of inhabitants was 366. In 1820 it was 1,140, and in 1830 was 2,464. Ten years later the maximum population was
reached, being 3,247 in 1840, and 3,244 in 1850. In 1860 the number was 2,746, and 2,122 in 1870. The number in
1880 was 2,131, and in 1890 was 1,938. According to the count of 1892, Howard had 1,885 inhabitants.
The first town meeting in Howard was held in April, 1813, at the house of Simeon Bacon, at which time a complete
board of officers was elected. However, the records of this town, previous to 1823, have been lost or destroyed,
in consequence of which the list of first town officers cannot be furnished. The present officers (1895) are as
follows: D. Ray Bennett, supervisor; Frank H. Sharp, town clerk; Joseph Miller, A. L. Cole and A H. Baldwin, justices
of the peace; L. J. Franklin, Thomas Coots and James Crozier, assessors; A. W. Barton, collector; Calvin Bullock,
highway commissioner; John A. Drake, overseer of the poor; Alexander McChesney, Martin Higgins and J. W. Carr,
The supervisors of Howard since 1823, have been as follows: Israel Baldwin, 1823; Daniel N. Bennett, 1824-25;
Wm. Goff, 1826-27; Green Hem, 1828-29; Daniel N. Bennett, 1830-31; H. N. Rathbun, 1832; John W. Whiting, 1833-34;
William Goff, 1835-36; Issachar Goodrich, 1837; C. E. Belden, 1838-39; James Alley, 1840-42; Asa McConnell, 1843;
John Hamilton, 1844-45; D. N. Bennett, 1846-47; Joseph I. Burnham, 1848; Ira Lane, 1849-50; Ansel House, 1851;
Alkali Bennett, 1852-53; Ansel House, 1854; Moses S. Bennett, 1855-56; Alonzo Graves, 1857-58; Ansel House, 1859;
Alkali Bennett, 1860-61; A. T. Parkhill, 1862-63; John F. Shaver, 1864; Alkali Bennett, 1865-66; A. M. Cole, 1867;
Alkali Bennett, 1868; Aaron McConnell, 1869-71; John G. Sharp, 1872-73; Josiah House, 1874-75; J. C. Hoagland,
1876-77; George Bennett, 1878; William H. Willis, 1879-80; Andrew Sharp, 1881-82; O. F. Bennett, 1883-84; Alonzo
Van Wie, 1885-57; A. U. Brown, 1885; R. F. Parkhill, 1889-91; E, L. Stewart, 1892-93; D. Ray Bennett, 1894-95.
Among the early residents in the east and southeast part of this town was a considerable colony of Irish Presbyterians;
good, strong, earnest and active men and women, who have devoted themselves to agricultural pursuits, and many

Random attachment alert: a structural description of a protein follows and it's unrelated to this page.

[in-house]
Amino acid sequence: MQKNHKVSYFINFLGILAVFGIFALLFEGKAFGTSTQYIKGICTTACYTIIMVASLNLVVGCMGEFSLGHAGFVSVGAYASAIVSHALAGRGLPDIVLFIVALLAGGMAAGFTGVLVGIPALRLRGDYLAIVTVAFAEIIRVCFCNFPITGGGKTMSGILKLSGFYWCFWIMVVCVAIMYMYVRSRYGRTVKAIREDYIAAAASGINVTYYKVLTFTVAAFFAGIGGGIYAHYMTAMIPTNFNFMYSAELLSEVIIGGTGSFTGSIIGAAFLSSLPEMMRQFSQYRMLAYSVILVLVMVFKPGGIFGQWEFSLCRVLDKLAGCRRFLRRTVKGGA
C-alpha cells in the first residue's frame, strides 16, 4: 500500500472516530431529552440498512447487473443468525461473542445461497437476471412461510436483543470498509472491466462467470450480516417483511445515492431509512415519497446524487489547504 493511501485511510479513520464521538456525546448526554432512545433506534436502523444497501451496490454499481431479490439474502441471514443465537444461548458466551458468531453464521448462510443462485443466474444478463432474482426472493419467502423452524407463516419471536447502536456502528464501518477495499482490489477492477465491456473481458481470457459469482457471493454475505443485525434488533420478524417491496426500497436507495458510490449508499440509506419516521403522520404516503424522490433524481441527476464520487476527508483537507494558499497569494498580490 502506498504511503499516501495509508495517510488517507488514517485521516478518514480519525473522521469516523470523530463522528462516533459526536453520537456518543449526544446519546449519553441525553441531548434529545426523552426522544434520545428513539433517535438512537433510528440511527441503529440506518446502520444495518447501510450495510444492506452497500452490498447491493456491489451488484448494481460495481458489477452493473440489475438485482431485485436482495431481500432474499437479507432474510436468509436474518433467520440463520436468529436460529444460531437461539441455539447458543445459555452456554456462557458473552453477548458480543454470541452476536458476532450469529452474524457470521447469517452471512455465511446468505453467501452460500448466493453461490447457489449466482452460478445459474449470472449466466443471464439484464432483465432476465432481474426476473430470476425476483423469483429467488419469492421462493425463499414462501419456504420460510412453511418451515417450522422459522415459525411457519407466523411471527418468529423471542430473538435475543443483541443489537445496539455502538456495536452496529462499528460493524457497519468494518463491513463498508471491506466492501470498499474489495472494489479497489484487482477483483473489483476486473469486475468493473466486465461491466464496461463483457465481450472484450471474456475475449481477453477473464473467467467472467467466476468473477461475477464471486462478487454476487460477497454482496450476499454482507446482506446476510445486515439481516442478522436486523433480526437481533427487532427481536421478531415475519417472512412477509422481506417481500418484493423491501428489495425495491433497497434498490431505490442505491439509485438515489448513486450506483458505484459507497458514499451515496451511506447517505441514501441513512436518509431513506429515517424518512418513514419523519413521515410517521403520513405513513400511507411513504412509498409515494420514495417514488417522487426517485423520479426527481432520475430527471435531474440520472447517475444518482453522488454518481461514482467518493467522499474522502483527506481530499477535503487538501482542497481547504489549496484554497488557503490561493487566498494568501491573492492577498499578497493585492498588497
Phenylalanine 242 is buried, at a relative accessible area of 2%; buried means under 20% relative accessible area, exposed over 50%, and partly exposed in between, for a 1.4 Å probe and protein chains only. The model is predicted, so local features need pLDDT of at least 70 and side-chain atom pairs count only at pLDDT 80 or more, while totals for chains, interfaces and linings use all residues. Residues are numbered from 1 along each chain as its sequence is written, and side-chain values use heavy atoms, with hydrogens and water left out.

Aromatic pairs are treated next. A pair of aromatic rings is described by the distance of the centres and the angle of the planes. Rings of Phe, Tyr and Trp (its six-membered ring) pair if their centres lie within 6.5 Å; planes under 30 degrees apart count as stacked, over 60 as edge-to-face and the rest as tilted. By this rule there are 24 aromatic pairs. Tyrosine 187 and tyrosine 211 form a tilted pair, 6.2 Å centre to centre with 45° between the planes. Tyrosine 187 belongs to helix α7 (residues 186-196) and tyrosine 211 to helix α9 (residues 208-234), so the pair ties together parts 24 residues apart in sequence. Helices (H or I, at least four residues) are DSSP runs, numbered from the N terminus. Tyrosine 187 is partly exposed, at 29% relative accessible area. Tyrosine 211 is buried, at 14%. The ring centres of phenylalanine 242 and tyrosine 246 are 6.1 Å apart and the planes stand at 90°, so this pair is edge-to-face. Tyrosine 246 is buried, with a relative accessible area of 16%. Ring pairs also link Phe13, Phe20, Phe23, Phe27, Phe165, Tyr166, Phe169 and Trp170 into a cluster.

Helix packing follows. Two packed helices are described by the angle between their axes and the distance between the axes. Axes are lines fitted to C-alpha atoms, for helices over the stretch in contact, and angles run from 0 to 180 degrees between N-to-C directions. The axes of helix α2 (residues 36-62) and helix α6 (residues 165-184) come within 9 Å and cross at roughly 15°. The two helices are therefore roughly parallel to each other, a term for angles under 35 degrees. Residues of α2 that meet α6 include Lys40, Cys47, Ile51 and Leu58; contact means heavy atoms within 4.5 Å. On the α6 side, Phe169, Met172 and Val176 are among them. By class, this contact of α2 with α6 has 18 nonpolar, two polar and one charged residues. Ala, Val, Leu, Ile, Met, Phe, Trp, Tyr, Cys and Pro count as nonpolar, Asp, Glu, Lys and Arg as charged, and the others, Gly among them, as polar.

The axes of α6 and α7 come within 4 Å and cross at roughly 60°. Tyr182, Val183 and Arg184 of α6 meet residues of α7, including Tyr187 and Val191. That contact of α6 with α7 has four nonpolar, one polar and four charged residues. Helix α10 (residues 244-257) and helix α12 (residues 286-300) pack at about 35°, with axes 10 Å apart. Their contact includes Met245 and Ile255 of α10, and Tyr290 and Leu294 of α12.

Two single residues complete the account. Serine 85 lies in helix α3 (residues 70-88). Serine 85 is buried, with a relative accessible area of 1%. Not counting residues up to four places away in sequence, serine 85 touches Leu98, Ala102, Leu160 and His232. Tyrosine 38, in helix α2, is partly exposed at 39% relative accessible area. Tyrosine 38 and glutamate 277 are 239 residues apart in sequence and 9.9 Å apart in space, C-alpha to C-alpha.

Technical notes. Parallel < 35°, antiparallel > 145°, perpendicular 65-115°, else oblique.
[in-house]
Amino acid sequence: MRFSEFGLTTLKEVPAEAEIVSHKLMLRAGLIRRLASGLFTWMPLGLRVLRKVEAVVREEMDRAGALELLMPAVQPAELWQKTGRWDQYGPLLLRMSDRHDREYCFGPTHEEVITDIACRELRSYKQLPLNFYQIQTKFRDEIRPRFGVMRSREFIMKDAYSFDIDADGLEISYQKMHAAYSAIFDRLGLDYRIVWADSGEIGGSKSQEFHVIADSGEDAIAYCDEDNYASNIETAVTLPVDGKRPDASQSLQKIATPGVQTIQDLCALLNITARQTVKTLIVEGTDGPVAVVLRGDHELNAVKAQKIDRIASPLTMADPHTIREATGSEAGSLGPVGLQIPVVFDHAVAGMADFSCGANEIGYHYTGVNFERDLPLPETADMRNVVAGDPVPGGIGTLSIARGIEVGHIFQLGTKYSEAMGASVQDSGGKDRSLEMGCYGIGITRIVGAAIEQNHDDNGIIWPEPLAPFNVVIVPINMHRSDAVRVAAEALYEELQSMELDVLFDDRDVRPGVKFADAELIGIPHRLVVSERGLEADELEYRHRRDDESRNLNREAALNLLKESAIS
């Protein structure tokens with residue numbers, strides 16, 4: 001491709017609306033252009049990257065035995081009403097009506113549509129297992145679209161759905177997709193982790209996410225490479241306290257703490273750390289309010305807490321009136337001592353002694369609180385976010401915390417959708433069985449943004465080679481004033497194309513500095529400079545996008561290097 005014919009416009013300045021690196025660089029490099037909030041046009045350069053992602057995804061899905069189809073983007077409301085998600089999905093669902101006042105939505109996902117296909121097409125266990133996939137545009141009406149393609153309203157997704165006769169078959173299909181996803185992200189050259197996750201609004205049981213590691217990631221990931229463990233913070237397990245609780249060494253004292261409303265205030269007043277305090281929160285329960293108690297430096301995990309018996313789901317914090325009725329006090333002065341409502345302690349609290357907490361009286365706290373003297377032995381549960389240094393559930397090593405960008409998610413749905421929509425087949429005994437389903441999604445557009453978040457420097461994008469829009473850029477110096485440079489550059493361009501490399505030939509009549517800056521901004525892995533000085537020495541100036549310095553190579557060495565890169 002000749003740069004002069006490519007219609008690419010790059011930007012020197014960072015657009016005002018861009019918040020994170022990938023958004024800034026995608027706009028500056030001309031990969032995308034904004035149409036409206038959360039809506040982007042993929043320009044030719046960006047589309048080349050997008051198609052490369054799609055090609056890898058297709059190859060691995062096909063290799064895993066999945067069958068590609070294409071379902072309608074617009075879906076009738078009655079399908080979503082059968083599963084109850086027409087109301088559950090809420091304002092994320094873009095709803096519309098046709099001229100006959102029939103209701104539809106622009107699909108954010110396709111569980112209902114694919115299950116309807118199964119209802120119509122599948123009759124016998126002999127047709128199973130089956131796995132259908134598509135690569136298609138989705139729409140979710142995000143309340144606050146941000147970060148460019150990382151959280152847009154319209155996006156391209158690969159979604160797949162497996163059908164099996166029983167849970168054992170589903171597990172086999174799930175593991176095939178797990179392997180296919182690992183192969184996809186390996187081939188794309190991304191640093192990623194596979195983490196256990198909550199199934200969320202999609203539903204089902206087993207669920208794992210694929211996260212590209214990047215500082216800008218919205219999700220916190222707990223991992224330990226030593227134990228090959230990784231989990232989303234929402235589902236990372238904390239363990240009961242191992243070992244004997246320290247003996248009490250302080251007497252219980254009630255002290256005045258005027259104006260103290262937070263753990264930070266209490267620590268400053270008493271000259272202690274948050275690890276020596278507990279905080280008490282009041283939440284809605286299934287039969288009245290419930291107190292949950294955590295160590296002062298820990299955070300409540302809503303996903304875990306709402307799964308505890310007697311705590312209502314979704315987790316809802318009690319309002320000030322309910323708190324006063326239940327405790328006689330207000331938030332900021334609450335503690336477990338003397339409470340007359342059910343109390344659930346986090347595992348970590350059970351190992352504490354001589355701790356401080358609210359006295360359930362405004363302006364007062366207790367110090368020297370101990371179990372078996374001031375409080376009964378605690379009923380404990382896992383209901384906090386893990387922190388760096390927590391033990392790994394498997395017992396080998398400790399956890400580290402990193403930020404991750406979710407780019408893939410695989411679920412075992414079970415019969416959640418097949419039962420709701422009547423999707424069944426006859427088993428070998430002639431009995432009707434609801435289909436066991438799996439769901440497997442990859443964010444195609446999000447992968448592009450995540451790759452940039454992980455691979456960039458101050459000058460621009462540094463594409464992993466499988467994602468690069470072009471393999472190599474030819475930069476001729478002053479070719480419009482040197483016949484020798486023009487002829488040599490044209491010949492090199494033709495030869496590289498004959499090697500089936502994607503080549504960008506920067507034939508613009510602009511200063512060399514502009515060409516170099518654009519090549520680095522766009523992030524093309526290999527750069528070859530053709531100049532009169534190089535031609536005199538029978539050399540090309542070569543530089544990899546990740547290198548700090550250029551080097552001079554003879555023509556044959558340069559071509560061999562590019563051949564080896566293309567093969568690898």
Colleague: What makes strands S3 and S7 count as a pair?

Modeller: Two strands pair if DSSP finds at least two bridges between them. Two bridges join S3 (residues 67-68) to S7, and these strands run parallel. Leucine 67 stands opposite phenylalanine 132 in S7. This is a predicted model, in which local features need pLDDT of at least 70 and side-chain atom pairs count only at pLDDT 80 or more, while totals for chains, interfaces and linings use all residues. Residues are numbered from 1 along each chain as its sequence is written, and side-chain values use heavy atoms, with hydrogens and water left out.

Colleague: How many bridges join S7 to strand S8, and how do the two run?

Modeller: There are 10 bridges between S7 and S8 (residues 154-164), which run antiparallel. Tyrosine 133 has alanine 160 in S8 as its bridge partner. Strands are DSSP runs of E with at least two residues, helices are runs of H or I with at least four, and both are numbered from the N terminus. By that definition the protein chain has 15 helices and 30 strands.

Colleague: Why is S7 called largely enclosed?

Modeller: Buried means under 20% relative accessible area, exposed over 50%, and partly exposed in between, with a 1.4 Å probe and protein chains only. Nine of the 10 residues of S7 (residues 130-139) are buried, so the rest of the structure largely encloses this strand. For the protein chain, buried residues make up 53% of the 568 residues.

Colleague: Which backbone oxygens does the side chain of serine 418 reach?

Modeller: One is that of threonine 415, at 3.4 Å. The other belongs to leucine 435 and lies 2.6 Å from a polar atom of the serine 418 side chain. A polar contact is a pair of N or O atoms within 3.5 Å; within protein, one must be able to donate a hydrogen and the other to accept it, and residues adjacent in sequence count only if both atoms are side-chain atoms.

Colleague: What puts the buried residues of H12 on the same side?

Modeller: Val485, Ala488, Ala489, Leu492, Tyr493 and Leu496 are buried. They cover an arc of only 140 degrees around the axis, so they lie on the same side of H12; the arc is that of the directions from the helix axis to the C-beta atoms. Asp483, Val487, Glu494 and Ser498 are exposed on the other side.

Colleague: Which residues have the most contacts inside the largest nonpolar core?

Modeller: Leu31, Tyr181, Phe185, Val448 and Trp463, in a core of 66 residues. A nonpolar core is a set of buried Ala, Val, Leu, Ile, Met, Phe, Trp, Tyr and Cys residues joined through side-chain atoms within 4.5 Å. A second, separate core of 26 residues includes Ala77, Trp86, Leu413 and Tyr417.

of whom have built up fine farms. This town and its people was peculiarly affected by the disturbances of the anti
rent period, and, lying next west of the shire town of the county, there was perhaps a more active participation
in public events than was shown in localities more remote. The delegates from Howard in the Bath convention were
Daniel N. Bennett, who at the time was supervisor, Byram L. Harlow, William Goff, John D. Collier and Jacob G.
During the period of the war of 1861-65, this town raised for bounties, and for the purpose of recruiting troops
for the service, a total of $3,021 72; and in addition to this the county raised, upon the credit of the town,
the sum of $42,450. So near as can be ascertained the town furnished about 160 men for service during the war.
According to local tradition the first school in the town was opened about the year 1815 in the little log school
house standing near the residence of Aaron McConnell. About the same time another school was started at Howard
Flats, and still a third in Towlesville. About 1820 the town was first divided into districts and provision made
for a school in each. In the principal village an academy was founded and built in 1835. It was an excellent institution,
well equipped and supplied with an efficient corps of instructors. However worthy may have been this enterprise
it finally met the fate that fell upon many similar schools and it was therefore discontinued.
As at present constituted Howard has seventeen school districts, each provided with a comfortable school house.
The total value of school property in the town is estimated at $9,420. During the school year 1893-4, the town
received of public moneys $2,081, and raised by local tax $1,929.58. Forty two trees were planted by pupils in